The implications of research for occupational health nursing practice.
Occup Health Nursing 1976 Jan; 24:10-12
The implications of a research orientation for the occupational health nurse and the potential contribution a nurse can make in recognizing the importance of records for future research are explored. It is brought out that the occupational nurse often contributes valuable information when interviewed but does not record meaningful information. It is stressed that every notation about a health problem should be recorded by the nurse as if part of a research team with the knowledge that this information will contribute to a better understanding of disease etiology and lead to the correction of workplace conditions. Examples are given dealing with recording information for research relating physical fitness to low back pain and obesity with accidents and illness and with the nurse's role in treating hypertension found on the job. It is concluded that a research orientation in and an awareness of what colleagues in the health field are finding out should cause the occupational health nurse to gather data that are objective and measurable and to look for alternatives before drawing conclusions. It is recommended that research be conducted on the nurse's contribution to worker health.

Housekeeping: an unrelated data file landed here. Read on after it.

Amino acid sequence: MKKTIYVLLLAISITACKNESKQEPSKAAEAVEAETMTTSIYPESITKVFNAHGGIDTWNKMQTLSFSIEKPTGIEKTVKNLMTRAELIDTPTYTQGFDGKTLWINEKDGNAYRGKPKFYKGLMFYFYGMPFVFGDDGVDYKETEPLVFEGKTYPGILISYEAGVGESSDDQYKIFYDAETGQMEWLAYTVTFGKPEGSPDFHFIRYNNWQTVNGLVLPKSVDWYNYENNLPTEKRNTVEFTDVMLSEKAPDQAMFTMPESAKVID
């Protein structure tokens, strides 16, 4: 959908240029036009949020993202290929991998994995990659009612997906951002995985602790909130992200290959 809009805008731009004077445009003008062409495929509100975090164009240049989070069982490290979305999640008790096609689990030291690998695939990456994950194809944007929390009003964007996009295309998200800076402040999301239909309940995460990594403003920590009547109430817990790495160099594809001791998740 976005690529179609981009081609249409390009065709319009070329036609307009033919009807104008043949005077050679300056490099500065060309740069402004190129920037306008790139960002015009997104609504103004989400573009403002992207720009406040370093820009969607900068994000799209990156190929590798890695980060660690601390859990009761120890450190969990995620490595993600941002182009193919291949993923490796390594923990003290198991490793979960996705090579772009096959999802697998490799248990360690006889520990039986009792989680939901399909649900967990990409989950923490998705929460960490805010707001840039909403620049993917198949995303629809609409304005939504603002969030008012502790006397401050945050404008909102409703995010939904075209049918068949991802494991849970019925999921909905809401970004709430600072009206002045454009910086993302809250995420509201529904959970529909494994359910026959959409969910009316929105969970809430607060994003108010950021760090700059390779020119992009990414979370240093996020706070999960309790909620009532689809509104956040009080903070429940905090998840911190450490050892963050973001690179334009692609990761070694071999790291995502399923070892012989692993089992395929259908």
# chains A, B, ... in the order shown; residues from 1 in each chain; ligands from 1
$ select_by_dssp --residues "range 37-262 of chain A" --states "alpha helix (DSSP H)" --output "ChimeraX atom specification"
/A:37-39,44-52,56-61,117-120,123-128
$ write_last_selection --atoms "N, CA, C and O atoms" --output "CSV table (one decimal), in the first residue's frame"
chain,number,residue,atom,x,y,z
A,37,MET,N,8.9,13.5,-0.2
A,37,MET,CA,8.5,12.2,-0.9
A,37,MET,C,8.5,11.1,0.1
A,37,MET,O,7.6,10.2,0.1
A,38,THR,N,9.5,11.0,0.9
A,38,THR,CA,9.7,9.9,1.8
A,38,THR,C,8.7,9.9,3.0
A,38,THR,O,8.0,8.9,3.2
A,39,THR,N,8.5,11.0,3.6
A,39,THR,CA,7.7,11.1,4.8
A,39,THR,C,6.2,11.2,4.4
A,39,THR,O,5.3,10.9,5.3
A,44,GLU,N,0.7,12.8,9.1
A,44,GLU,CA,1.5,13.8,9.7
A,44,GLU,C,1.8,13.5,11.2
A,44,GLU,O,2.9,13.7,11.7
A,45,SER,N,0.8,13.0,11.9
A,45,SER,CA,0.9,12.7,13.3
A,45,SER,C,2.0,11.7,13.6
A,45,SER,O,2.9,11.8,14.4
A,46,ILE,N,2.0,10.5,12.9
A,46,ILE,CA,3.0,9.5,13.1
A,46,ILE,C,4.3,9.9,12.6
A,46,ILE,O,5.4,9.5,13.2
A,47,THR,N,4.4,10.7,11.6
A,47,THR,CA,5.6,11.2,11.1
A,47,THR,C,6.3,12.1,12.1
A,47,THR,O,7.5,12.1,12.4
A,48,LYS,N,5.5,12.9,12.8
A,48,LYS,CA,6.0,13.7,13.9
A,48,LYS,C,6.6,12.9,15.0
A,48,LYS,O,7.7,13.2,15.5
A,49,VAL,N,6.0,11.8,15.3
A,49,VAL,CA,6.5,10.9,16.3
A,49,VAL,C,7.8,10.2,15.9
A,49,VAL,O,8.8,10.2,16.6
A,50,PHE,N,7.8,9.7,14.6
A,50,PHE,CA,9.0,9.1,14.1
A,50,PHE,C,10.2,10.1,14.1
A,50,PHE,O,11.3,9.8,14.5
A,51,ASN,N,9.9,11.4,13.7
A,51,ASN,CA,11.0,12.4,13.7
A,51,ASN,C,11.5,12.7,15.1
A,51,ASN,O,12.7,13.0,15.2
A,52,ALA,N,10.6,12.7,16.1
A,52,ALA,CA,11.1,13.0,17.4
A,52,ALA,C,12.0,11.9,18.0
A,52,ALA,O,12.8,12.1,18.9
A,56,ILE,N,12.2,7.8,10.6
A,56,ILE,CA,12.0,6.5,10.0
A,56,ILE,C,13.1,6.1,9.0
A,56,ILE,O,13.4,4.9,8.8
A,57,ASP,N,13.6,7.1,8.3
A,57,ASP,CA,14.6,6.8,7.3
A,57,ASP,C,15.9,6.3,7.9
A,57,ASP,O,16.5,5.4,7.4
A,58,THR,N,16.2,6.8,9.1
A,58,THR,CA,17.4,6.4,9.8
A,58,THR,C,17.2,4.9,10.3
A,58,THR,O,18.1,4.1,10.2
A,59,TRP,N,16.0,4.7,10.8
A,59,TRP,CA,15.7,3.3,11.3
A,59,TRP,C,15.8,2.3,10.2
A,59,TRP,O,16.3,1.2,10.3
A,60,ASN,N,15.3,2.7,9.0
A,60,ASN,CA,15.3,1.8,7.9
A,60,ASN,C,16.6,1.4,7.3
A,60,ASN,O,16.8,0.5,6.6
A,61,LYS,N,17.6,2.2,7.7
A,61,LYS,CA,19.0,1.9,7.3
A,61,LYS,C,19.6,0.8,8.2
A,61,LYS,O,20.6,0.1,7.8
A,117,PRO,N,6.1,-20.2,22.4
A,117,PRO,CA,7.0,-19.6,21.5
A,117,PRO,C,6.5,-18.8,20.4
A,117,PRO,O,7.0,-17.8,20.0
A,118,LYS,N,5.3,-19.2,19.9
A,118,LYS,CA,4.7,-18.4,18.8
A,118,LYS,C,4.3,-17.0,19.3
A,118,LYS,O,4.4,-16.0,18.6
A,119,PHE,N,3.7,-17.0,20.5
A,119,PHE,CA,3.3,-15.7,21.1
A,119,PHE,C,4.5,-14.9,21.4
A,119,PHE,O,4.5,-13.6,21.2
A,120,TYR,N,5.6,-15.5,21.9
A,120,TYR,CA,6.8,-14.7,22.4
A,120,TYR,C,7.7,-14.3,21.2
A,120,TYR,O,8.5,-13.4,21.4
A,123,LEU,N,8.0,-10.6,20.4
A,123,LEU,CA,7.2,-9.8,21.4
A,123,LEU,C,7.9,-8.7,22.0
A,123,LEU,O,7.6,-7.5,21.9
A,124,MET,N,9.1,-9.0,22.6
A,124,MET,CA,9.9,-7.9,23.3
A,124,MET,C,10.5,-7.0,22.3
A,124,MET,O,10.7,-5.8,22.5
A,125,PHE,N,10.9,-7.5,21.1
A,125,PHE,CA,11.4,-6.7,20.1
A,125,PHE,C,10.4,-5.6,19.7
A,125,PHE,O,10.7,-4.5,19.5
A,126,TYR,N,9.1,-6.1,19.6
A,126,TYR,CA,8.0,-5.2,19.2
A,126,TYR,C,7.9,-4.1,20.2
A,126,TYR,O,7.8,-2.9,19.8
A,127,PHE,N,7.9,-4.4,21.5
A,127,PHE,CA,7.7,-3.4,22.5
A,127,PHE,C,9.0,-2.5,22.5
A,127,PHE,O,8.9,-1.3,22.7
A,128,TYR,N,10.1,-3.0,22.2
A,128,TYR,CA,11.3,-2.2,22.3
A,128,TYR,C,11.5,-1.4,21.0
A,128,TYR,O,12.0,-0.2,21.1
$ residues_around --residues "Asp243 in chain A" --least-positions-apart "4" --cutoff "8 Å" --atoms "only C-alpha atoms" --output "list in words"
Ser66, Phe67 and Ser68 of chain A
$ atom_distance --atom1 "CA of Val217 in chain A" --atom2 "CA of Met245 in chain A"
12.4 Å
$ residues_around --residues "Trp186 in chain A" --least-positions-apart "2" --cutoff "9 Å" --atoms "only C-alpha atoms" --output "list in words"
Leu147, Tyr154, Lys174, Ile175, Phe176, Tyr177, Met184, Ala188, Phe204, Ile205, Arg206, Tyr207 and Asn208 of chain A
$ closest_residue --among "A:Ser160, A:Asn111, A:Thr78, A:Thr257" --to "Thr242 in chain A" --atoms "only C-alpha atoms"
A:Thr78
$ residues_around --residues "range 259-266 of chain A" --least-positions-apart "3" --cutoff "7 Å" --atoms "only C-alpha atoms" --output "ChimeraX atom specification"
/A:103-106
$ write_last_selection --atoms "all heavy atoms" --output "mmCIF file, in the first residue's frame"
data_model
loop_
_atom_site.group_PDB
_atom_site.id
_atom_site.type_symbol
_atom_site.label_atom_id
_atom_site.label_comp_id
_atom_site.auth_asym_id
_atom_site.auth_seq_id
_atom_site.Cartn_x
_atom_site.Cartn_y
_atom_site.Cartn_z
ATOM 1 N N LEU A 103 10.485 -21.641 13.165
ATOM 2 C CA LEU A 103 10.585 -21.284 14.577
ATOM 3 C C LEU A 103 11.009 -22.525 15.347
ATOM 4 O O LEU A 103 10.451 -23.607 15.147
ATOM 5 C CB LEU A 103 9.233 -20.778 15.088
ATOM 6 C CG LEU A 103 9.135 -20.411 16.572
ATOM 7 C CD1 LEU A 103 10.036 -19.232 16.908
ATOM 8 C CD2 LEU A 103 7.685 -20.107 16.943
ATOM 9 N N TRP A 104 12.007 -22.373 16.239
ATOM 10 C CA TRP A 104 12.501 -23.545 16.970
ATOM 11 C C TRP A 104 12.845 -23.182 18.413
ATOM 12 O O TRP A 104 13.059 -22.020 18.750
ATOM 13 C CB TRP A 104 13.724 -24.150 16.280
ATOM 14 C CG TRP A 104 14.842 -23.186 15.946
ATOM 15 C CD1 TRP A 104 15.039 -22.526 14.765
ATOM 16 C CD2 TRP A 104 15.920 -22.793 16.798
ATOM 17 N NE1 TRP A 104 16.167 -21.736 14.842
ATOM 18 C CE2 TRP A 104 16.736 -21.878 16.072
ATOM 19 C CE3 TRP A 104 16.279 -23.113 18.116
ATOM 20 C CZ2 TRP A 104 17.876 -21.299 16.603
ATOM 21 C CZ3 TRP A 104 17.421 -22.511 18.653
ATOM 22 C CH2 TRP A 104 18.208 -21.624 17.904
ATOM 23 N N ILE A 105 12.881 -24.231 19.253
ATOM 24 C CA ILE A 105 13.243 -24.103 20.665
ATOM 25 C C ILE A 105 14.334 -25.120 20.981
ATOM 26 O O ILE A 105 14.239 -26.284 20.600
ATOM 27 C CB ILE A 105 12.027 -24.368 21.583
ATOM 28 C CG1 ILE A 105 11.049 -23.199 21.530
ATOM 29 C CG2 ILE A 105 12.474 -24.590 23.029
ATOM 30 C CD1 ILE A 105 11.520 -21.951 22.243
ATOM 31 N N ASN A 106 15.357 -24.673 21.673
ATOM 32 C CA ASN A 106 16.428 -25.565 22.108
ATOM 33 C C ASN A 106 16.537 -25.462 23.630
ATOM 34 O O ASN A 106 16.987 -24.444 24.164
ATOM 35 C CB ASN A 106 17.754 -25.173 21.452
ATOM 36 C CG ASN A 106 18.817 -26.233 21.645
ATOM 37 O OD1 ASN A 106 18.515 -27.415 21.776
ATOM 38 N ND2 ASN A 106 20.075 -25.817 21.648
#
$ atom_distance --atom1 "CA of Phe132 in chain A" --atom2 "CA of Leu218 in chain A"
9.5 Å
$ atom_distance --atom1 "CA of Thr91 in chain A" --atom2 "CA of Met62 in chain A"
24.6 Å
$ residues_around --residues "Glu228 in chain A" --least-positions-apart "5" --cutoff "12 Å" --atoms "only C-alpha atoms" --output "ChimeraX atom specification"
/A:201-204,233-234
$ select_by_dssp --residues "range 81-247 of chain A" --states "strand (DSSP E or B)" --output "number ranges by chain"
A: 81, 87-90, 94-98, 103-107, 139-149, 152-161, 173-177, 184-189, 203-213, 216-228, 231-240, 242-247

NIOSH-Author; Health-care-personnel; Medical-personnel; Psychological-factors; Attitudes; Industrial-medicine; Recordkeeping; Data-collection
Occupational Health Nursing